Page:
The health-forward food community has its darlings: kale, quinoa, coconut oil. All of these foods have had their turn in the healthy foodie spotlight--and in most cases, rightfully so. For years, agave nectar (also called agave or agave syrup) was promoted as the healthy eater's alternative to regular table sugar and artificial sweeteners. As it turns out, the pro-agave chorus was wrong.
Agave syrup is a highly-processed sugar alternative. It's about 1.5 times sweeter than sugar, and it is made from the same plant as tequila. For years, some medical professionals, nutritionists, and dietitians, proclaimed agave as a savior among sugar substitutes, especially for diabetics. People who were fixated on food's glycemic index rankings pointed to the sweetener's low-GI number as proof of its healthfulness. It is, after all, lower in glucose than regular sugar. However, it is higher in fructose than any other sweetener, including high-fructose corn syrup, the nutrition world's whipping post.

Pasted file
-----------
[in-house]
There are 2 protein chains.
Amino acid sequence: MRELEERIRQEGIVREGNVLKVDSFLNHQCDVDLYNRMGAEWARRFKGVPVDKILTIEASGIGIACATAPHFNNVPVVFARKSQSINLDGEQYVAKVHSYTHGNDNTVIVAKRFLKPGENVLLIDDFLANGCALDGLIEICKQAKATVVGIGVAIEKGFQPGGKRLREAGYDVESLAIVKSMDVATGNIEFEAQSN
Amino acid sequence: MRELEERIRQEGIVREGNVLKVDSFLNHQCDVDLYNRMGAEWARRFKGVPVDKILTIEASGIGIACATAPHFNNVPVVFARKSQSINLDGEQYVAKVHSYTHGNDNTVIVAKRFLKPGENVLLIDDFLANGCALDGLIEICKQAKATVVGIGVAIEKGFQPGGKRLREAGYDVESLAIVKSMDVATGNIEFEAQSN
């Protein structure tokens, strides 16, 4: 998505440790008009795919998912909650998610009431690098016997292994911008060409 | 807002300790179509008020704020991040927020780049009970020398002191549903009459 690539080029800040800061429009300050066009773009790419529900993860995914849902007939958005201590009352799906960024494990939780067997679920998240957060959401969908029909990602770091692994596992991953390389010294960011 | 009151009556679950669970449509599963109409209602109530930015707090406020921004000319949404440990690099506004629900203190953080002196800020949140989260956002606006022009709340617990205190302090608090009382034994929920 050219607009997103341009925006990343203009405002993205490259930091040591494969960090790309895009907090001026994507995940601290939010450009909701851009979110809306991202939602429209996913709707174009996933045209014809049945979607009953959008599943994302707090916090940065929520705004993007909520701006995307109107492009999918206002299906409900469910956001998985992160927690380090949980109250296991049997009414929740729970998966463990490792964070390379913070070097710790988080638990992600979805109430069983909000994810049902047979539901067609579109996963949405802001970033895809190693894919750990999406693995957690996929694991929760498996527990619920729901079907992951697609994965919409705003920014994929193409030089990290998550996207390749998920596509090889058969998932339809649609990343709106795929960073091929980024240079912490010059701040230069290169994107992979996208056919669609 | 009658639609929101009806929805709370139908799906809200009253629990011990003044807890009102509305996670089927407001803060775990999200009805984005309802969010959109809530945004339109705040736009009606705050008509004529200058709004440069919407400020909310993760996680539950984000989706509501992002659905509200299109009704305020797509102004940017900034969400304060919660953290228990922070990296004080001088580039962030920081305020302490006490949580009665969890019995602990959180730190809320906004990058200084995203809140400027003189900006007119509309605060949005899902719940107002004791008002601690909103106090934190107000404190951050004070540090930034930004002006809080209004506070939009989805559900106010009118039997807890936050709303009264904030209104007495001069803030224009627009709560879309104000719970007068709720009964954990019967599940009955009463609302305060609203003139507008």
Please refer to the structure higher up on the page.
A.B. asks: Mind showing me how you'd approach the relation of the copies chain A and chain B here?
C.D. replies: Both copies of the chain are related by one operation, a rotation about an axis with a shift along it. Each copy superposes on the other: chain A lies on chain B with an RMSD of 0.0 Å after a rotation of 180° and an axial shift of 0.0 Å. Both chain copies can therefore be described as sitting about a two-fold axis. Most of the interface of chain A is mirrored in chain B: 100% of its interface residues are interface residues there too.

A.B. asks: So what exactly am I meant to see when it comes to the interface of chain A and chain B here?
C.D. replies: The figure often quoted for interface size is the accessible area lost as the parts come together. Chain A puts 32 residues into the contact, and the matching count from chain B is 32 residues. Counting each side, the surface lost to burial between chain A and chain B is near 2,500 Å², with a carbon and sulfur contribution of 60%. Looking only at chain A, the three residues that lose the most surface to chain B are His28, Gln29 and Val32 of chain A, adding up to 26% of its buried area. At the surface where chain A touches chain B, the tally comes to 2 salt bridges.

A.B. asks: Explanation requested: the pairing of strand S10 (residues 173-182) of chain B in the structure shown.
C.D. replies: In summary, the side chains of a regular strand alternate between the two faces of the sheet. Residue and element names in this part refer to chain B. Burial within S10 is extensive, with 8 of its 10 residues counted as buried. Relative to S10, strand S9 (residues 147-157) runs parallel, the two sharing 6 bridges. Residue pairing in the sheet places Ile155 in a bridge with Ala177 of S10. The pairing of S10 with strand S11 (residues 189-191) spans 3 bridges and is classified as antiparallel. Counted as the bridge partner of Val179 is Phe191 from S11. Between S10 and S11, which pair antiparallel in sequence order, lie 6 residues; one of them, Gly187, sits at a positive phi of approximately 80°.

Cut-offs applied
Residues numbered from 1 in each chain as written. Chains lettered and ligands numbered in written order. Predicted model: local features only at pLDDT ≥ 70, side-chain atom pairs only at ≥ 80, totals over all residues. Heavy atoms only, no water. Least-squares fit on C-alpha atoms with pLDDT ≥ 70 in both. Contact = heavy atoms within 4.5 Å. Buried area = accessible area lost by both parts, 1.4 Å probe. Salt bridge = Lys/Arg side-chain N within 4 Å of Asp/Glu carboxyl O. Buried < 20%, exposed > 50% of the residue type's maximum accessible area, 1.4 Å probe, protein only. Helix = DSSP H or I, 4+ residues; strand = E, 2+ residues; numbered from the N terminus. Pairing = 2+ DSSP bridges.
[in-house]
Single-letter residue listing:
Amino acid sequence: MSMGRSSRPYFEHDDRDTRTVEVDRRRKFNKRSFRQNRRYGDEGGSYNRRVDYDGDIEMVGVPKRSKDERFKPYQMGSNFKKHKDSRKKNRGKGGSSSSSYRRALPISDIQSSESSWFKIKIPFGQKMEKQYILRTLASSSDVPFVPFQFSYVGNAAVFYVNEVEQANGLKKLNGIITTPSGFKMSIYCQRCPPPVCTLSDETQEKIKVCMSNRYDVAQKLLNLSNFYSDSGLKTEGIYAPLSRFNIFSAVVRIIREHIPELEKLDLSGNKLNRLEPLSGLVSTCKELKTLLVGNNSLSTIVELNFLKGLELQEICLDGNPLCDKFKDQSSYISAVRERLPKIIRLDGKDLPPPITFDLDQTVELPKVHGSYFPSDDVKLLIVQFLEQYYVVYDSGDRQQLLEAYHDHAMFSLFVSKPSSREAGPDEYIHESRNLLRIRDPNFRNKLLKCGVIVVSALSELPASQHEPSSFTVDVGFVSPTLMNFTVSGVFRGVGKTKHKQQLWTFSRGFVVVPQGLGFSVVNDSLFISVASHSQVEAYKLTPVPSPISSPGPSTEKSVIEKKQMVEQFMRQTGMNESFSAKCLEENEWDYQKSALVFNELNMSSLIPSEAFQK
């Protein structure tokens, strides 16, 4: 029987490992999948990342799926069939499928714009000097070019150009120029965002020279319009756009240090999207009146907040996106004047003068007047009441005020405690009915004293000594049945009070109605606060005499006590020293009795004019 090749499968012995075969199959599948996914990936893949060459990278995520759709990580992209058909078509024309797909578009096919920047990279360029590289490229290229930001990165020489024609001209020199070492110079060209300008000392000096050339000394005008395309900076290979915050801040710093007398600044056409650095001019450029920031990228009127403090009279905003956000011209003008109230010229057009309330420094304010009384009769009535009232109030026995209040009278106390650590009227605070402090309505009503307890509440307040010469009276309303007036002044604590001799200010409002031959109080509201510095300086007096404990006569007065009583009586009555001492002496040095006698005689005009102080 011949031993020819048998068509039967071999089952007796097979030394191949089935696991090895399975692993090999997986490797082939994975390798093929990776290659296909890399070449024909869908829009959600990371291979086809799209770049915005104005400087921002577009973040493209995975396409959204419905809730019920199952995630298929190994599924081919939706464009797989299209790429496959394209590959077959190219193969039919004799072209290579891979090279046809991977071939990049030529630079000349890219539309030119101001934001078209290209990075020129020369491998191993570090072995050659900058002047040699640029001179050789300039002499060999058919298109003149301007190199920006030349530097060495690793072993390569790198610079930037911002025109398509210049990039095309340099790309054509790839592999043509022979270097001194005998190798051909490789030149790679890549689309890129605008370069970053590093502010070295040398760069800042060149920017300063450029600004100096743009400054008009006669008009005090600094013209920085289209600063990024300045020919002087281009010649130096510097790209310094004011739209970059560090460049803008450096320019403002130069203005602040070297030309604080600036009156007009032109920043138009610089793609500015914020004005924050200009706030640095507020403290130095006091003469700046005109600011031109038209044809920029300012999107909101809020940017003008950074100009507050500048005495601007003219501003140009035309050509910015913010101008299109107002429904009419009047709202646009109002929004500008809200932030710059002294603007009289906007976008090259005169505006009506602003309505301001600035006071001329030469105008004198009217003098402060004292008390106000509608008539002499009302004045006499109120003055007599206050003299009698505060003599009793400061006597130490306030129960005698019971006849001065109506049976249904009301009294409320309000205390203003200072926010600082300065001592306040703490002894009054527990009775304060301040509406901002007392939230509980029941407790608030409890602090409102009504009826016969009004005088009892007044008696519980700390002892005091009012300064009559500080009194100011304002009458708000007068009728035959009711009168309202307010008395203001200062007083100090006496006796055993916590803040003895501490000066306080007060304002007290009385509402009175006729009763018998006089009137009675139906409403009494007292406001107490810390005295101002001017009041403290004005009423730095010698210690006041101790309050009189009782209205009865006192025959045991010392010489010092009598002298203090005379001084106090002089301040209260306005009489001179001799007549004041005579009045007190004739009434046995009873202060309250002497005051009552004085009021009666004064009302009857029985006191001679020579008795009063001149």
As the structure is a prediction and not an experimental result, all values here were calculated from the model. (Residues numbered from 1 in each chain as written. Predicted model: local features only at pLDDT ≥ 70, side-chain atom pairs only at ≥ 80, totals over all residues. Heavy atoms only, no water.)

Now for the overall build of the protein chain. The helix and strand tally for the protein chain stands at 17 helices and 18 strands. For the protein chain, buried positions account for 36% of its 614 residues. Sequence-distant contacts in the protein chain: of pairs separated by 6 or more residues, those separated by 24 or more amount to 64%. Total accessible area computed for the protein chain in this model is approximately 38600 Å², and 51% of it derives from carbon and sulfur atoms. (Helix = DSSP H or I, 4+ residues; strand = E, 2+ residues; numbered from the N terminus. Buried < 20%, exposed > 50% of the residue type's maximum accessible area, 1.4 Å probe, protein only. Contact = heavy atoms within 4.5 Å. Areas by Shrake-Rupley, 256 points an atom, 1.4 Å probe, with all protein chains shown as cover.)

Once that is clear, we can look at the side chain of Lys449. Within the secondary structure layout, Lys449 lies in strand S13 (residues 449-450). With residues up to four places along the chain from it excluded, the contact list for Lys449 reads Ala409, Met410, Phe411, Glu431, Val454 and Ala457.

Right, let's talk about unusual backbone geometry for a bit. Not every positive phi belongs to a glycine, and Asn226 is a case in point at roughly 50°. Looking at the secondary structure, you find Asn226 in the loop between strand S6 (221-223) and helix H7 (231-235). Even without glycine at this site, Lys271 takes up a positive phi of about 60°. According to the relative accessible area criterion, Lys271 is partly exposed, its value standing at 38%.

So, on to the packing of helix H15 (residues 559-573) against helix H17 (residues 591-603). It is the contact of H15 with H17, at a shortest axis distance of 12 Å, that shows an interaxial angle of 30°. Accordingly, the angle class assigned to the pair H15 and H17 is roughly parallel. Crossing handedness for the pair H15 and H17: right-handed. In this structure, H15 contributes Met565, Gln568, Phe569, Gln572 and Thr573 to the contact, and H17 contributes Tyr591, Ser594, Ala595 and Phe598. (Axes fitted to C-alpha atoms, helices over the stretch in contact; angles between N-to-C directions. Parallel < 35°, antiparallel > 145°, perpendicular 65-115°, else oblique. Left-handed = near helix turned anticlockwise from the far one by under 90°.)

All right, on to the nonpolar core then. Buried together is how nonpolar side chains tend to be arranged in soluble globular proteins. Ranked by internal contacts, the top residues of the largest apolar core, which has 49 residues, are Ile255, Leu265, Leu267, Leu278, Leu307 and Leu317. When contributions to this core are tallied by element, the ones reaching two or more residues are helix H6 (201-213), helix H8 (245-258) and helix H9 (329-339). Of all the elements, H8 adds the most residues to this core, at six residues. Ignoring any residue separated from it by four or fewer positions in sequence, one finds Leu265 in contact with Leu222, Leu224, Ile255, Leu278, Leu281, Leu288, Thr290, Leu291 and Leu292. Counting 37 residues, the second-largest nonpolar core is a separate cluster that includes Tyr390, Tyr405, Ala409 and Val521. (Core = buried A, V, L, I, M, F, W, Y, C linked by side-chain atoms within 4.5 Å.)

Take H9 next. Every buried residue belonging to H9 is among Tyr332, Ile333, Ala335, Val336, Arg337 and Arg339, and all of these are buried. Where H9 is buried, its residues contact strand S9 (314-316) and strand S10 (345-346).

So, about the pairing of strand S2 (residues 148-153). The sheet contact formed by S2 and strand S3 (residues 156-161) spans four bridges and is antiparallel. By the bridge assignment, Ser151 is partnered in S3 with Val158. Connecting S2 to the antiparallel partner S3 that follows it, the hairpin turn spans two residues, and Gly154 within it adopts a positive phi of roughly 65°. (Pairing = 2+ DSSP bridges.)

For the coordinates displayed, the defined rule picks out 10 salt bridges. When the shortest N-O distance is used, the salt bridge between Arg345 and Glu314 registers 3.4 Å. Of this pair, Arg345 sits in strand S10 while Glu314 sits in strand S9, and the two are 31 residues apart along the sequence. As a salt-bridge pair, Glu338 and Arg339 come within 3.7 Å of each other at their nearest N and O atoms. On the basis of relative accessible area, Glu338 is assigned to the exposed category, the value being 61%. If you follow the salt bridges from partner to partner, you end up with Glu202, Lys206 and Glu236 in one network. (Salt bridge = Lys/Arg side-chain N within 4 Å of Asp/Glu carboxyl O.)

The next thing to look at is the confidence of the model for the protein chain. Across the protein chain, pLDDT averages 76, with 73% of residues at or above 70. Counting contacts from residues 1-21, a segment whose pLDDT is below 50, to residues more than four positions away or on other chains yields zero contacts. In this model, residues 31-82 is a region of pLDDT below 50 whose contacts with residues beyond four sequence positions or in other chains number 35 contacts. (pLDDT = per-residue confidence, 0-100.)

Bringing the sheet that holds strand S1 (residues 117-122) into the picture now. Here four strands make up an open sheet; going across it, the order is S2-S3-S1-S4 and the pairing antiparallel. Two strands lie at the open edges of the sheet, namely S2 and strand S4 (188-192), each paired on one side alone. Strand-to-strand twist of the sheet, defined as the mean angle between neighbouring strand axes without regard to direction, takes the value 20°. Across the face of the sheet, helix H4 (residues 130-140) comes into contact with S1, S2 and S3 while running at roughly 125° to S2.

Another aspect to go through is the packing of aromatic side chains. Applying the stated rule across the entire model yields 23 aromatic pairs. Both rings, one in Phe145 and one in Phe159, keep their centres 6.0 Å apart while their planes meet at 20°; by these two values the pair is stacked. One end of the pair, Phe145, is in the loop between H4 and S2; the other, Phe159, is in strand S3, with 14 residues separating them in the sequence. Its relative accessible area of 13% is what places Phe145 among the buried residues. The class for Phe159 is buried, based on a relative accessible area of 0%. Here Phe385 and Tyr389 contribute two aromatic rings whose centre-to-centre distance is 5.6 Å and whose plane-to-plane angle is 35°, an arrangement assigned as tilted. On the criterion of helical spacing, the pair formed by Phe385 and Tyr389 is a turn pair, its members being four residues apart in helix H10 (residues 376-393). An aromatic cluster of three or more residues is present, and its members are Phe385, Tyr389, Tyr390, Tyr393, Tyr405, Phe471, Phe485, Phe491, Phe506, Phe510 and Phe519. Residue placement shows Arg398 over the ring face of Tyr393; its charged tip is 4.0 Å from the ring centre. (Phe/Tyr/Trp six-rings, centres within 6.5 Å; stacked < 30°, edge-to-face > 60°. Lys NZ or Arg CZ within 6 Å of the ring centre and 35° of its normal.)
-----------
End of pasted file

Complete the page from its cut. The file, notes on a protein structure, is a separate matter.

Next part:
There's also the issue of production. Agave is, as mentioned, highly processed. In fact, it's more processed than almost any other sugar.
If we were all just buying sap from the agave plant, then we'd have a different story. Instead, agave goes through an enzymatic process that converts starches to fructose. It has a similar profile to high fructose corn syrup but is actually much sweeter than table sugar. If you plan to cook with it, use less. It also has more calories per tablespoon than sugar (60 calories versus 49 calories in sugar), but because it has a more concentrated level of sweetness you often don't have to use as much.Bottom line: Agave is a sweetener, and like all sweeteners, it should be consumed in moderation. If you're looking for a clean sugar option, we suggest raw honey or 100% maple syrup.